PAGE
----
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Festival features street art linking Aberdeen with Spanish Civil War

The piece, entitled Unearthed, is by Portuguese artist Vhils.

Part of a new large relief sculpture called Unearthed, that has been created to mark links between Aberdeen and the Spanish Civil War (Louise Kendal/Aberdeen Inspired/PA)
Part of a new large relief sculpture called Unearthed, that has been created to mark links between Aberdeen and the Spanish Civil War (Louise Kendal/Aberdeen Inspired/PA)

A large relief sculpture has been created to mark links between Aberdeen and the Spanish Civil War.

The piece, called Unearth, is by Portuguese street artist Vhils and is part of the Nuart Aberdeen festival.

Vhils, whose real name is Alexandre Farto, is one of 13 international artists taking to the walls of the Granite City.

His piece, overlooking a city centre car park, references Aberdonians who fought in the Spanish Civil War.

Nineteen men made the 1,600-mile journey to Spain to join the International Brigades against Francisco Franco’s side.

Five of them were killed in battle.

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Part of a new large relief sculpture called Unearthed, that has been created to mark links between Aberdeen and the Spanish Civil War, made by Portuguese street artist Vhils (Aberdeen Inspired/PA)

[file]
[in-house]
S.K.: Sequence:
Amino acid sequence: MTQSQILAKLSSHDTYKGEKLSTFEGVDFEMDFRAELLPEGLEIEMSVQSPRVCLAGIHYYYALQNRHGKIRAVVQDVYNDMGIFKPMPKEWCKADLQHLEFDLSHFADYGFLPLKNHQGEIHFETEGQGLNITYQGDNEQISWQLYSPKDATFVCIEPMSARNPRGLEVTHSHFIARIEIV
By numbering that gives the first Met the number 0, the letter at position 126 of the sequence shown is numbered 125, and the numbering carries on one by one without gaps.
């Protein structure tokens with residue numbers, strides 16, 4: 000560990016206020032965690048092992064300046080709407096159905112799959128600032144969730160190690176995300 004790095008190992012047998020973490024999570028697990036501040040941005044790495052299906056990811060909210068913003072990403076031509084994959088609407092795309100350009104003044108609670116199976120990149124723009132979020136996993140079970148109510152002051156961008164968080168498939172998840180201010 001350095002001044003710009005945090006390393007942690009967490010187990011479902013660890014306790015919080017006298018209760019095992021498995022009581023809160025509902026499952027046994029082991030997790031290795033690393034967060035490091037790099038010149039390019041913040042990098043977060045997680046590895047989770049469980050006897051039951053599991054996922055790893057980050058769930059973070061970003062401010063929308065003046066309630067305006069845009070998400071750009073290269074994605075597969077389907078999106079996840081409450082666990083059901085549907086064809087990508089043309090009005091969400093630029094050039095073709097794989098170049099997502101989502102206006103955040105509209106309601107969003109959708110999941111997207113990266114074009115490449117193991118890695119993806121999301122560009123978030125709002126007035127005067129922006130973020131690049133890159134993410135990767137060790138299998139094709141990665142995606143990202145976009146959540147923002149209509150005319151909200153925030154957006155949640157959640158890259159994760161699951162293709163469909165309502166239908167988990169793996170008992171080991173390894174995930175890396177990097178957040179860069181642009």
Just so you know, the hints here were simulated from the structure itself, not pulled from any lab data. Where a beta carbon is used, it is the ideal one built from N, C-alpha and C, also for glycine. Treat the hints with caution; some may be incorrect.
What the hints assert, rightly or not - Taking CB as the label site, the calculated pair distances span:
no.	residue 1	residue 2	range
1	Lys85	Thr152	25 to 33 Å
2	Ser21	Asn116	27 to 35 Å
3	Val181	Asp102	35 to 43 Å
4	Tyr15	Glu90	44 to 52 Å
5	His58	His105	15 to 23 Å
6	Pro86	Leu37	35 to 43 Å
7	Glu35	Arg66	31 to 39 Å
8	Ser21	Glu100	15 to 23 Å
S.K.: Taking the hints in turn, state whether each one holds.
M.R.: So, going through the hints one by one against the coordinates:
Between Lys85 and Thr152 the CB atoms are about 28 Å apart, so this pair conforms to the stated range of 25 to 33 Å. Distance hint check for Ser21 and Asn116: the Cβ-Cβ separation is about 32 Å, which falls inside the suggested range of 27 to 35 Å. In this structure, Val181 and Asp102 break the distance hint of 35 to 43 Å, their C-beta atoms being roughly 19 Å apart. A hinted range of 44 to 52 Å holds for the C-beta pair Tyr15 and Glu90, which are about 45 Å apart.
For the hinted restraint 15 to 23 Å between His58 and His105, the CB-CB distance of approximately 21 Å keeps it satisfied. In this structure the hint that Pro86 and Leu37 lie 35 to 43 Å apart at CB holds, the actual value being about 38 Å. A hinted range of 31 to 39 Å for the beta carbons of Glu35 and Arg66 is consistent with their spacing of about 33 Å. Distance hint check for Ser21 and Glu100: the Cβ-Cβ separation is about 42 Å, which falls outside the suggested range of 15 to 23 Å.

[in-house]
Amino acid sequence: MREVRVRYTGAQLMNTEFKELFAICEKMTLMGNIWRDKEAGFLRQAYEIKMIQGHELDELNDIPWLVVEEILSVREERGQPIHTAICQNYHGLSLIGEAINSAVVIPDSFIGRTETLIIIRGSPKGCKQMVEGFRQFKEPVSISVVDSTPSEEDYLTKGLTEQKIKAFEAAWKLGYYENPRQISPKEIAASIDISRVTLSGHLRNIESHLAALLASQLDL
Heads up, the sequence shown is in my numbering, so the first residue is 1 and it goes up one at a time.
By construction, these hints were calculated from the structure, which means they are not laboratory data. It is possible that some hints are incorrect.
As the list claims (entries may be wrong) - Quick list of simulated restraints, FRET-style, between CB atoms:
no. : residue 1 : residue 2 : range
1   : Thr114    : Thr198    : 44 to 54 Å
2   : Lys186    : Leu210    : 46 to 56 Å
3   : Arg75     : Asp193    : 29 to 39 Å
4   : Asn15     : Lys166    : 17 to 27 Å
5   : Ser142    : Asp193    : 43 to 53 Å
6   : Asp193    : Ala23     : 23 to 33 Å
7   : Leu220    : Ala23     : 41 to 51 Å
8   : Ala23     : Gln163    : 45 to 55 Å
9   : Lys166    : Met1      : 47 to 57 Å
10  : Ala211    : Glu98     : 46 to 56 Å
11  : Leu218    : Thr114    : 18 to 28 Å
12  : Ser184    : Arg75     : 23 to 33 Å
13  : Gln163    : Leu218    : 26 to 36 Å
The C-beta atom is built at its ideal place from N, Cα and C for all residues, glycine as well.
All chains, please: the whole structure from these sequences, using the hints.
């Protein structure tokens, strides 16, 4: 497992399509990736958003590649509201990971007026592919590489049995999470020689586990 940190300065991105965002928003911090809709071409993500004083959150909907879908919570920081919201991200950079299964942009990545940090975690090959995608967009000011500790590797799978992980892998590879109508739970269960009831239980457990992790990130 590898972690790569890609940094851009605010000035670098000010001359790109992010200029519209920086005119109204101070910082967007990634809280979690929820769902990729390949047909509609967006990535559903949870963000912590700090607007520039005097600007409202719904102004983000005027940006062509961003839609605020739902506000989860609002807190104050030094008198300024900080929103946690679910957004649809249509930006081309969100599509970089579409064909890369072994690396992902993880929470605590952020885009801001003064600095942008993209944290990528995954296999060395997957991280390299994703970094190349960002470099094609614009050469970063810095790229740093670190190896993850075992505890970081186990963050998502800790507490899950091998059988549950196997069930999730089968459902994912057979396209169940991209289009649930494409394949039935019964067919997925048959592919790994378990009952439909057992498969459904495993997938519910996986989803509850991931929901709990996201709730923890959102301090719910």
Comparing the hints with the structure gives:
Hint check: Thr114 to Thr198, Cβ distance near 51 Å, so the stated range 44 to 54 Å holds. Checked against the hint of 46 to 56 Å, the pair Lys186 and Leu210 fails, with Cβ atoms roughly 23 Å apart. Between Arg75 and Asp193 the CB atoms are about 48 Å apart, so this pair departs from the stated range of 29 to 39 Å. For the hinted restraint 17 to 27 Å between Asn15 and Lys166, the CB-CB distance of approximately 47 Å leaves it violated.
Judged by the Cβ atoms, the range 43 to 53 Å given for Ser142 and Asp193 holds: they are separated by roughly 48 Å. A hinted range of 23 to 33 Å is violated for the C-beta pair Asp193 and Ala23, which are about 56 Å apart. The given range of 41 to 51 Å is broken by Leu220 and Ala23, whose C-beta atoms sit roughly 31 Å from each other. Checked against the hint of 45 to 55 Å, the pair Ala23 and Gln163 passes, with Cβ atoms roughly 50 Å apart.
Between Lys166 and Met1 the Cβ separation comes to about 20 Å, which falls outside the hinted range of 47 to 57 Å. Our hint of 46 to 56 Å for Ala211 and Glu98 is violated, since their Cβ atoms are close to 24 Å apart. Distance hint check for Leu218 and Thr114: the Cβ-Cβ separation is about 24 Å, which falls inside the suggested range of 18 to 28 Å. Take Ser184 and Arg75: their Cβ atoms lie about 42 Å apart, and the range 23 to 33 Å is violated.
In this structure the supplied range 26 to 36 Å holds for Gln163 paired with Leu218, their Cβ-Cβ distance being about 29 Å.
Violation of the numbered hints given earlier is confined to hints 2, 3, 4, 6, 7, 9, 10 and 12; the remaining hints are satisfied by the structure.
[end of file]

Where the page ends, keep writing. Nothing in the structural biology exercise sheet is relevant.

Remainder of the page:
Mr Farto spent months researching his piece before taking three days to carve it into the building.

“The story says to me that when we get together we can fight for a better future,” he told the Press Association.

“I tried to find a story that was relevant to Aberdeen, of community and identity.

“This is a very special thing to be a part of.”

Dr Susan Hansen said the theme of this year’s Nuart Aberdeen was storytelling, which the city was “rich” in.

“In 1936, a Spanish ship docked in the harbour here,” Dr Hansen said.

“The sailors discovered that the captain had held back paying them a raise in wages.

“They went on strike for 15 weeks. The people of Aberdeen stepped up and welcomed these men, made sure they had eaten and forged lifelong friendships.

“The importance of this friendship led 19 men from Aberdeen to join the Spanish Civil War against fascism.”

Mr Farto’s piece is taken from a photograph of Aberdonian fighter John Londragan with American brigadier Peter Frye.

The men are pictured with two children of Spanish shop owner Juan Attaro, one of the seamen from the Spanish ship.

Nuart Aberbeen, now in its third year, also features artwork from Australian artist Smug and the UK-based Hush.

Residents have donated Lego blocks to Berlin artist Jan Vormann, who uses the bricks to repair damaged walls.

Artwork will also be created by 16 senior citizens from Aberdeen, the oldest of whom is 82.

The group is undergoing a series of theory and practical lessons with Lara Seixo Rodrigues, from Lisbon.

It is the first time her project, called Lata 65 Young At Art, has taken place in the UK.

One of the participants, Vivien Kennils, 67, is a retired home economics technician.

“I have always frowned on graffiti,” Mrs Kennils said.

“I brought my children up telling them off for even thinking about doing it.

“Now I’ve created my own graffiti tag.

“I just thought tagging was people defacing walls with their name but now I realise its significance.”

The event, organised by Aberdeen Inspired and the city council, will run until Sunday.

Adrian Watson, chief executive of Aberdeen Inspired, said: “It isn’t just about bringing the finest street artists from across the world to Aberdeen, it is about building a legacy.”

PA

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